reverse threading

the path back is the path forward


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a smidge away. [two artists tuesday]

it felt like we were away. we had never explored this area of milwaukee and, with time on our hands on a stunningly beautiful day, we walked. we decided it didn’t matter if we knew our way around or not, our phones and gps would get us back. so we left the airbnb in walker point and started north. knowing the lake was east of us, it was a natural turn to the right, the water drawing us.

the architecture of cream city brick and old warehouses is charming and i kept thinking how we needed to return to take photographs when we had more time to linger. we turned east at a warehouse that had been converted to condo living, industrial balconies lining the river with colorful bistro tables and teak adirondack chairs and strands and strands of strung lights. the evenings must be beautiful walking along the river toward lake michigan.

we could see the hoan bridge arching into the sky and headed toward it. we passed a guy on the sidewalk with a shirt that said “light the hoan” and i looked it up. “light is swiftly becoming one of the most powerful tools to breathe new life into cities,” the website promotes. i remember a beautiful suspension bridge lit across the river in east boston when our son lived there. the light changed everything and was stunning. you can purchase a bulb on the hoan, be a beacon in the night and know that people are sitting on balconies gazing and dreaming, much like staring into a bonfire. the bridge and its design drew my iphone camera toward it.

we wound our way through outdoor dining seating and along the docks, multiple times mentioning to each other that we would “come back” and explore more. it amazed me that, such a short distance away from home, we felt like we were away and adventure was simply waiting. an early evening wedding stopped us short of much exploration, but there’s always the next time.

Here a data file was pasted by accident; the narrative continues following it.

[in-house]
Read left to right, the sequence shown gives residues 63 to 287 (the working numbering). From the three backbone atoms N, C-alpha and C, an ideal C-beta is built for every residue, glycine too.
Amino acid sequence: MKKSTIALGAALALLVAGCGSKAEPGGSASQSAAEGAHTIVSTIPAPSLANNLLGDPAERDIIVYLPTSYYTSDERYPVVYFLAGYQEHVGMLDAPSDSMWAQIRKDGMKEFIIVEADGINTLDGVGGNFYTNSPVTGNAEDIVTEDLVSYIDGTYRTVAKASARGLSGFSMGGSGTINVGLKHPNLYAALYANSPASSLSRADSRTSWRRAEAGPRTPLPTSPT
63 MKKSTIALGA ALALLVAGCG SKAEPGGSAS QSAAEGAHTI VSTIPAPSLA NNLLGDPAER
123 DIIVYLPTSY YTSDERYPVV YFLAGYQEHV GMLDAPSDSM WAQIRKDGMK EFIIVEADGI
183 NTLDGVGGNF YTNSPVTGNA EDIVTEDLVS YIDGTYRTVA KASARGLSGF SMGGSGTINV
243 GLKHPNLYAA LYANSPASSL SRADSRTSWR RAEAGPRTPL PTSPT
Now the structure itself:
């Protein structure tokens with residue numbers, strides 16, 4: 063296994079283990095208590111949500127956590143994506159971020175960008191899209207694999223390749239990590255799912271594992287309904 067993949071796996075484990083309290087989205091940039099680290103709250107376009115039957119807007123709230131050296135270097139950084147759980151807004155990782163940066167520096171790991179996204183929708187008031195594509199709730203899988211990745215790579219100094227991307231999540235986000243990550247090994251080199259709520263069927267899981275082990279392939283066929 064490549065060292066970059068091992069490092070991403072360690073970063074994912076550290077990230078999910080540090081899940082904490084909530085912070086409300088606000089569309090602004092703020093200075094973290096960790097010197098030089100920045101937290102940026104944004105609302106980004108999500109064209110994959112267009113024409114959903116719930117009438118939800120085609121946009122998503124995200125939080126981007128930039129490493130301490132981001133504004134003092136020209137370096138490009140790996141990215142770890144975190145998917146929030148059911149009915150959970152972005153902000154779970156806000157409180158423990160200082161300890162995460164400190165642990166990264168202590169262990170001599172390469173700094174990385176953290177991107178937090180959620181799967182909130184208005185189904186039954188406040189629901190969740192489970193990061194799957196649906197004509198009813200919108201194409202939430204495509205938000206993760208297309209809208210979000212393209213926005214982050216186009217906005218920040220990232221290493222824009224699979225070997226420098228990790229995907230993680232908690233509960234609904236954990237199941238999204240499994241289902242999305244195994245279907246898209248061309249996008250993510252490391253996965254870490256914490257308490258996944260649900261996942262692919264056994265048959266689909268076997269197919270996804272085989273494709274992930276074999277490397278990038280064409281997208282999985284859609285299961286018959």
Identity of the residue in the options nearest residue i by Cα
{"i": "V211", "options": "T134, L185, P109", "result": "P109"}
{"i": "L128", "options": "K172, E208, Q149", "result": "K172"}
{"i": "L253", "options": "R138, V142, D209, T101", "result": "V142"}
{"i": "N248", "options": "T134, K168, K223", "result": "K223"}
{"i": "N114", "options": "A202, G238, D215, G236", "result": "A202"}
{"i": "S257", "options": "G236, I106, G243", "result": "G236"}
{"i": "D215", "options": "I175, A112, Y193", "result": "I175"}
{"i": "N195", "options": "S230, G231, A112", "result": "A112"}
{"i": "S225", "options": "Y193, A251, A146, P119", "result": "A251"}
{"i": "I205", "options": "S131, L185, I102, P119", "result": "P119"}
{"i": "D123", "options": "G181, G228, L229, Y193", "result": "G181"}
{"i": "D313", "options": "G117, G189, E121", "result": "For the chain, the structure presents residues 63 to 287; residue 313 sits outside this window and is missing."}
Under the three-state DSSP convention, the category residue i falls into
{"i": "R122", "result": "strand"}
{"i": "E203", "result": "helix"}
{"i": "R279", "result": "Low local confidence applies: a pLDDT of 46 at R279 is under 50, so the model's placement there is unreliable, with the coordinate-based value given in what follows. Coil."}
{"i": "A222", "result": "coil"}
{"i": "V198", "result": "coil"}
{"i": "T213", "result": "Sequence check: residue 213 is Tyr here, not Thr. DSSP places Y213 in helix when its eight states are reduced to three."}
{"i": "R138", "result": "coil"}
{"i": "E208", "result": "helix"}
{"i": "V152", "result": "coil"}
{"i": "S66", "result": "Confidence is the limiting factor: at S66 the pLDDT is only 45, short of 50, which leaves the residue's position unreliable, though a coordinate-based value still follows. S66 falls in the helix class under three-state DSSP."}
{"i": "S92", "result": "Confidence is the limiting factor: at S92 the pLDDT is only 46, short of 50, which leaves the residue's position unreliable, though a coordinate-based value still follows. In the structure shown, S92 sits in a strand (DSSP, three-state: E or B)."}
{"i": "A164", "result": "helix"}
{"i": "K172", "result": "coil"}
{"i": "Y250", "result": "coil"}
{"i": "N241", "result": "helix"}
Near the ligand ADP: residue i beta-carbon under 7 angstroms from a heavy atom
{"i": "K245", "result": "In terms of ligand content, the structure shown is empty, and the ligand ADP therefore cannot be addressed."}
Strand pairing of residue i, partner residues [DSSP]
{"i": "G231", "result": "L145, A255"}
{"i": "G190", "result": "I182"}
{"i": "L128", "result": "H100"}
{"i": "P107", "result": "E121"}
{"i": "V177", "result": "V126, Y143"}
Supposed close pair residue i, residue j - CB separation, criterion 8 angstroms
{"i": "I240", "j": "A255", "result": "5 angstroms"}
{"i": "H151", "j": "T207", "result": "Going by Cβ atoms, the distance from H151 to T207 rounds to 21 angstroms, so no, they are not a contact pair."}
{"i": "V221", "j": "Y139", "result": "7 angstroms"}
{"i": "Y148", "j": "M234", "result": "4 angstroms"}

we walked out to the lighthouse where the milwaukee river met lake michigan and stood for a few minutes before turning around. the art museum beckoned from up the lakefront; beyond that we know there are beaches and a favorite coffee house in an historic water treatment plant.

we walked back some of the way we came, sticking to the river as much as possible. flowers and shadows and railings and vintage glass finials, textures and surprises, restoration and beautiful intention our companions.

passing the docked boats, though no salt in this air, i got a whiff of the past. i could imagine i was at northport harbor, watching the comings and goings of boaters and fishermen. it made me have a taste for baked clams and buffalo calamari from skippers pub, a hop, skip and a jump away in my mind as the scent of waterfront and moored boats surrounded me.

though the pandemic and travel warnings might preclude a trip to long island, we, aloud, promised each other we would return to this walkway, to stroll along the river chatting and snapping pictures, to immerse in a sculpture walk, to find the perfect bistro table on the dock sidewalks, to dine al fresco in the swirl of memories and new adventures.

getting away just a smidge away.

*****

read DAVID’S thoughts this TWO ARTISTS TUESDAY


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our firework. [k.s. friday]